Italy With My Son 2012 – The Pleasures of Parmigiano – The White Cow

It was cloudy, but it wasn’t raining when we awoke the day we were leaving Modena. We didn’t get to leave the hotel until almost 9AM, but our car was packed and we were on our way to our ancestral homeland of L’Isola d’Elba. The drive was going to be a long one. Initially, my plan was to leave early to get to Elba early, but with a discouraging weather forecast, I decided that we didn’t need to hurry there. My friend Enrico was kind enough to set us up with a visit to the small production Casefeicio where La Francescana gets its Parmigiano from. Located about an hour and a half south of Modena in the mountains near the Tuscan border, just outside of the mountain town of Zocco, was The Caseificio of Rosola, a cooperative of the local dairy farms. One of the things that makes this particular caseificio special is that they make cheeses with milk from the Vacca Bianca di Modena. They also make cheeses from more typical cows, but the white cow is what they butter their bread with, so to speak.

Most of the drive to Rosola was through a light rain and through fairly populous, industrial areas. Once we got into the hills though, the population started to dwindle and the views became more and more extraordinary as we wound our way up. The Garmin GPS would not recognize the address that we were given, but it did recognize the town. Once we got there, I was able to find the place via the Maps app on my iPhone and we managed to get to the caseificio with a combined effort from the Garmin and the iPhone.

The caseificio di Rosola is small. When I visited a caseificio di Parmeggiano with my son, Andrew, just outside of Modena in 2003, it was a big one, much bigger than this. We were welcomed by Daniela, who had us put on a plastic coat and a hairnet in order to enter the cheese making facility.

She proceeded to explain the process of making Parmiggiano to us. This starts with the evening’s milk collection, which is poured into a long, sloped, and relatively shallow stainless steel collection vat, from which most of the cream gets skimmed off. The cream goes to make butter, ricotta and panna cotta, all of which are sold by the consortium.

Diego getting ready to lift the curd-filled cloth from the vat

The remaining, skimmed milk is then drained into cheesecloth lined, deep conical vats after it had been mixed with the following morning’s milk. Milk from the white cows is kept separate from the rest. There is only enough milk from these cows to make one cheese per day. The remaining process is similar to the regular Parmigiano with the exception of the duration of subsequent aging. Once the milk is collected in the conical vats, it is treated with veal rennet, which works quickly to congeal the milk proteins into a large curd ball.

Curd in cheese cloth just taken from the vat

This curd then gets cut into very small pieces and eventually gets pulled up out of the remaining whey supported by the cheesecloth. It was at this point of the process that we had arrived. Daniela introduced us to the master cheese maker, Roberto Caselli and his assistant, Diego.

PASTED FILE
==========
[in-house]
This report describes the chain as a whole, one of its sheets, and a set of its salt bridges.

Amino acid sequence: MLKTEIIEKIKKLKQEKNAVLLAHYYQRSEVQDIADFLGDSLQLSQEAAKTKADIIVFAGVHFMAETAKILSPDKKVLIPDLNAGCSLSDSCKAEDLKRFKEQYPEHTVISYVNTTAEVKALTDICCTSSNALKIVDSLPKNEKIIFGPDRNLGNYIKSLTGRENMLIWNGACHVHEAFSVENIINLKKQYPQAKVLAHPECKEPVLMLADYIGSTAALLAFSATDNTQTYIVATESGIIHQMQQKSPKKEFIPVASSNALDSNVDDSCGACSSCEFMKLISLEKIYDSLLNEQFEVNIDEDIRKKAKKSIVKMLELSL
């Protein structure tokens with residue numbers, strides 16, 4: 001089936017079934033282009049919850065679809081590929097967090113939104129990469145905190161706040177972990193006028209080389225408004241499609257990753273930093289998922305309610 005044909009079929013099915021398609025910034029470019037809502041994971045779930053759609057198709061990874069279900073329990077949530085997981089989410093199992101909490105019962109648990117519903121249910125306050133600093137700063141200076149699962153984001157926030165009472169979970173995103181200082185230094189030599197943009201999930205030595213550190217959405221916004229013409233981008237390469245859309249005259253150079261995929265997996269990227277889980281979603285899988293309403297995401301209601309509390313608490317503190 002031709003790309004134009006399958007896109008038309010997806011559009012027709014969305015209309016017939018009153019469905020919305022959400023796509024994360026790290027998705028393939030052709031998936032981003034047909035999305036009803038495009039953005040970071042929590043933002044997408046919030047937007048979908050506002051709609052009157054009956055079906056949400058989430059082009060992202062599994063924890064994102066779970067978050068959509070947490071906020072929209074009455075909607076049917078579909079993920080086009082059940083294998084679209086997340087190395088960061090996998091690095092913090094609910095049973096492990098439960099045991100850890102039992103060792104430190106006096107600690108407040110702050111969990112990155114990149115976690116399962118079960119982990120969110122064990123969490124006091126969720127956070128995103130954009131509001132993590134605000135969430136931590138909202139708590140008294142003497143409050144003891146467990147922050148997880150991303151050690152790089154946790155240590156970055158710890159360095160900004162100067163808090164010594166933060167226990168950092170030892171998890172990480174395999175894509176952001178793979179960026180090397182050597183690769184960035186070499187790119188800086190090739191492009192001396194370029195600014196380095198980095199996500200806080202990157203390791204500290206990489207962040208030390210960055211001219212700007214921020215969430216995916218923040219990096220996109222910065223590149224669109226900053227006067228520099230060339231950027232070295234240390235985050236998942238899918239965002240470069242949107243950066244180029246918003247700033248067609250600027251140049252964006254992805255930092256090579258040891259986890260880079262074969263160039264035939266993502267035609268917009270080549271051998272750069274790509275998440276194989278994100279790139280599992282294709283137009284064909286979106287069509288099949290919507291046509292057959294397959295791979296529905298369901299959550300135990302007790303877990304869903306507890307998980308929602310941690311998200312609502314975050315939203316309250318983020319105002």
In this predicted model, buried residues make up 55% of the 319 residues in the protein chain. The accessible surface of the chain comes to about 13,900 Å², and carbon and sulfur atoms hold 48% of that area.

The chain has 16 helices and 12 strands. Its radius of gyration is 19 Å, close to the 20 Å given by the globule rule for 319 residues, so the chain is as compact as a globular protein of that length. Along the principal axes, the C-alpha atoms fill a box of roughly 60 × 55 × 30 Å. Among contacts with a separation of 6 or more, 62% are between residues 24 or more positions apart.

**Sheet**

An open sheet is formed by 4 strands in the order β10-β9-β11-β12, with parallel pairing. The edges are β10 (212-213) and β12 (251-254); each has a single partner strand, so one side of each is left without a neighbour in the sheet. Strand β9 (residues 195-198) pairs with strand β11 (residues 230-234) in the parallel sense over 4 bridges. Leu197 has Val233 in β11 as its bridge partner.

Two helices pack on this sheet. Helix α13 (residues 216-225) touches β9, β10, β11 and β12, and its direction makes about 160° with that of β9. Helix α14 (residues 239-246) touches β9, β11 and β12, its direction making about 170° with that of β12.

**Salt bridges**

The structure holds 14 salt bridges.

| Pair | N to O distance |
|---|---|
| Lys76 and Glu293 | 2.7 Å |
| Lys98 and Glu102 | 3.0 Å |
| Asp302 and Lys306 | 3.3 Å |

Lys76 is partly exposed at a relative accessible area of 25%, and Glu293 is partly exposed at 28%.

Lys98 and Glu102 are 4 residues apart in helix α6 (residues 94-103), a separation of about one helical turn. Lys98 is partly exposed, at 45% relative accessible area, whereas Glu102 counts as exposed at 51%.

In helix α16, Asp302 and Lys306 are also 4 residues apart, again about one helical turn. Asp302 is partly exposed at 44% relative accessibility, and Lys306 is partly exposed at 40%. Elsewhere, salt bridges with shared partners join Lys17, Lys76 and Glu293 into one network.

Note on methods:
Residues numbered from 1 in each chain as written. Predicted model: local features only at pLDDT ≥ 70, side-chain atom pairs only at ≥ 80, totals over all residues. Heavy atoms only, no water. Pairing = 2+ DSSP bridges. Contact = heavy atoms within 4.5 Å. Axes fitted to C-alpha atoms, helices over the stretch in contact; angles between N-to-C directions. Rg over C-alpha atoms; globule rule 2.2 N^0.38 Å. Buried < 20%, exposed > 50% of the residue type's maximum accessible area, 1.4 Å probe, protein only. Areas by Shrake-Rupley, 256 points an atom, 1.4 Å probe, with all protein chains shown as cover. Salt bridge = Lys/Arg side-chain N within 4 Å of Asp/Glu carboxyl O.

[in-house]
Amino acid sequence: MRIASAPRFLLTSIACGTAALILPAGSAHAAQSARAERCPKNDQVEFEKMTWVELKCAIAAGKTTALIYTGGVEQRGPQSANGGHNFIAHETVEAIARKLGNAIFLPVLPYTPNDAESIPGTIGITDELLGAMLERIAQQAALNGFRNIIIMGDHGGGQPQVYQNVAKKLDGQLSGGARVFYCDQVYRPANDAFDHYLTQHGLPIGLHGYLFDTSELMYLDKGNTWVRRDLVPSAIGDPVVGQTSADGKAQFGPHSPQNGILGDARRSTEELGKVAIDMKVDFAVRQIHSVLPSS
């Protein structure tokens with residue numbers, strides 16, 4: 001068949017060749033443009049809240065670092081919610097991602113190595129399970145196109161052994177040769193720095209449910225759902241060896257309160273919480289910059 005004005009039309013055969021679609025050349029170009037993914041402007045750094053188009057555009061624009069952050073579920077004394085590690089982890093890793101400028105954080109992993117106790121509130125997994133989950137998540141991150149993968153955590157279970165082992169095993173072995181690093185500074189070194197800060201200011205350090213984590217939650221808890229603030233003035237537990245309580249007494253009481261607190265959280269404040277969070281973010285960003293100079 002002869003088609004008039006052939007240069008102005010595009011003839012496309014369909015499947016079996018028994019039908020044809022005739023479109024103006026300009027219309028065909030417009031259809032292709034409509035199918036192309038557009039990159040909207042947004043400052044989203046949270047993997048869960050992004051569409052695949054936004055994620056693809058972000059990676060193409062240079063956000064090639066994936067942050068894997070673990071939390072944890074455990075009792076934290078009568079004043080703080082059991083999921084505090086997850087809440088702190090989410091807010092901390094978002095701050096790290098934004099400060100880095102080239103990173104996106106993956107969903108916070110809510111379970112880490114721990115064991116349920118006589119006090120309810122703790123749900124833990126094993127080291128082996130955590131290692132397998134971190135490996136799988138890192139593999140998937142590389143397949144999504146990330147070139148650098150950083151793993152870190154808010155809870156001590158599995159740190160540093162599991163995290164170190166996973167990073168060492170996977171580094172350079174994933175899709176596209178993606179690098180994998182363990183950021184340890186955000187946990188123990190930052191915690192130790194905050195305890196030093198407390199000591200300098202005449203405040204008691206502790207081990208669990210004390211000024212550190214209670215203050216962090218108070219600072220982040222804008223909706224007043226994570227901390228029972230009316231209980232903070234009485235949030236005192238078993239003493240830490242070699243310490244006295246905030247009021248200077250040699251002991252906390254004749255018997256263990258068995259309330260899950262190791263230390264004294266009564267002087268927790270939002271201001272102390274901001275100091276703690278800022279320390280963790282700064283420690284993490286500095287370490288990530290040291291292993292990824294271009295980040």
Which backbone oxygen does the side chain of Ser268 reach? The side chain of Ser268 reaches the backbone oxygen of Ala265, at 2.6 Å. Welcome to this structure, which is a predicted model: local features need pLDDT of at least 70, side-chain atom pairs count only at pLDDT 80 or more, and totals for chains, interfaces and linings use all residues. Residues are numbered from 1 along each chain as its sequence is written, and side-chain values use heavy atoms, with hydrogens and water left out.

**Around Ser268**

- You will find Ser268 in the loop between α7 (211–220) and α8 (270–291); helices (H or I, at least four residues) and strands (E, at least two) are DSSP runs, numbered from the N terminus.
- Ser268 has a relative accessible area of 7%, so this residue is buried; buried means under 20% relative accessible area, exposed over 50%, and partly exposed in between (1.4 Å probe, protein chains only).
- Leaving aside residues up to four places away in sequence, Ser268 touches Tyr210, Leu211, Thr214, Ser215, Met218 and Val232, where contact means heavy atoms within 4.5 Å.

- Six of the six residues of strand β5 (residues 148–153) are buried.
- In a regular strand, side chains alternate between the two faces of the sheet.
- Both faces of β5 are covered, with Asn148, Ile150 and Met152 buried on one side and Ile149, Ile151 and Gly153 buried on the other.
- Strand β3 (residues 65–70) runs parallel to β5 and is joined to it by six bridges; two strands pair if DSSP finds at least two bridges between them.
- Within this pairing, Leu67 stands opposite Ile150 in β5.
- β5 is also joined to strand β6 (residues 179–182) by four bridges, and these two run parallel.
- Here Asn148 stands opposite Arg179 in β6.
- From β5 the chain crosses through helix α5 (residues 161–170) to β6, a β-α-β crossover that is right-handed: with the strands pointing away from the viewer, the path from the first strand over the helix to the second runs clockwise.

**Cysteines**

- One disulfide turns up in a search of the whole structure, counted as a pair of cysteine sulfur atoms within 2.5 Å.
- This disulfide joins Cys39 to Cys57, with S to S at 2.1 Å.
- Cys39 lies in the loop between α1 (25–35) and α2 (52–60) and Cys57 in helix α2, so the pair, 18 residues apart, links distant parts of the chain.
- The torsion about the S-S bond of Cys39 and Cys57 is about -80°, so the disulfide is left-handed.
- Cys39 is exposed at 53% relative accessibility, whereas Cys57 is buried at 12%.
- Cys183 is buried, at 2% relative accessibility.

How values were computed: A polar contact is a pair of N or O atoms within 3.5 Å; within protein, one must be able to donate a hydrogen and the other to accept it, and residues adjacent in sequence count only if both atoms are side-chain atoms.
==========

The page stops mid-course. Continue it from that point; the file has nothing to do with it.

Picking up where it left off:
Dropping the curds into molds

Roberto and Diego, with the help of a winch, lifted the curds out of the water and into molds.

Master cheese maker Roberto tying off the cloth

They tied up the cheese cloth…

Weighing down the curds

…and placed weights on top to compress the curds in order to squeeze out any remaining whey.

Diego with a Parmigiano rind ring

At this point, Diego took over the tour, leading us down into the cellar. In the morning, the previous days’ cheeses are brought into a room where they are removed from the molds, stamped with the date of initial production and for the white cow cheese, a special stamp designating it as such.

Rind ring indicating the date of initial production (day before our visit)

In addition, the special rind-ring with the Parmigiano-Reggiano indicators is placed around the waist of the cheese.

Pre-saline soak cheeses

The cheeses are left there for a bit, before being placed in a saline bath for a week.

Saline Bath

Once they have spent sufficient time in the bath, they are removed and placed in a special warm (but not hot) and humid room, where any remaining fat gets “sweated” out.

Aging room - new cheeses

From the “steam bath” the cheeses are moved into the aging racks, where they get periodically turned. The cheeses are aged there for anywhere from 18 to 37 months with the white cow cheeses getting the longest aging.

Aging room - older cheese

I could have lingered in the aging room for some time, but our hosts had other ideas.

A delicious dairy spread - "White Cow" Parmigiano, fresh ricotta and panna cotta

At the end of our tour, Daniela had some of the 37 month aged white cow cheese ready for us to sample along with some fresh made ricotta and panna cotta. Each product was amazing. The cheese was rich and full of profound umami. I have never tasted a better example of Parmigiano anywhere.

Fresh Parmigiano ricotta

The ricotta, as well, was superb and the panna cotta just delicious.

Parmigiano cheese slicing machines

When ready for market, the cheeses are sliced and vacuum sealed. Needless to say, I bought some 37 month old Vacca Bianca Parmigiano to bring home. I wished that I could have brought some ricotta and butter too, but unfortunately I had to pass on those.


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2 Responses to Italy With My Son 2012 – The Pleasures of Parmigiano – The White Cow

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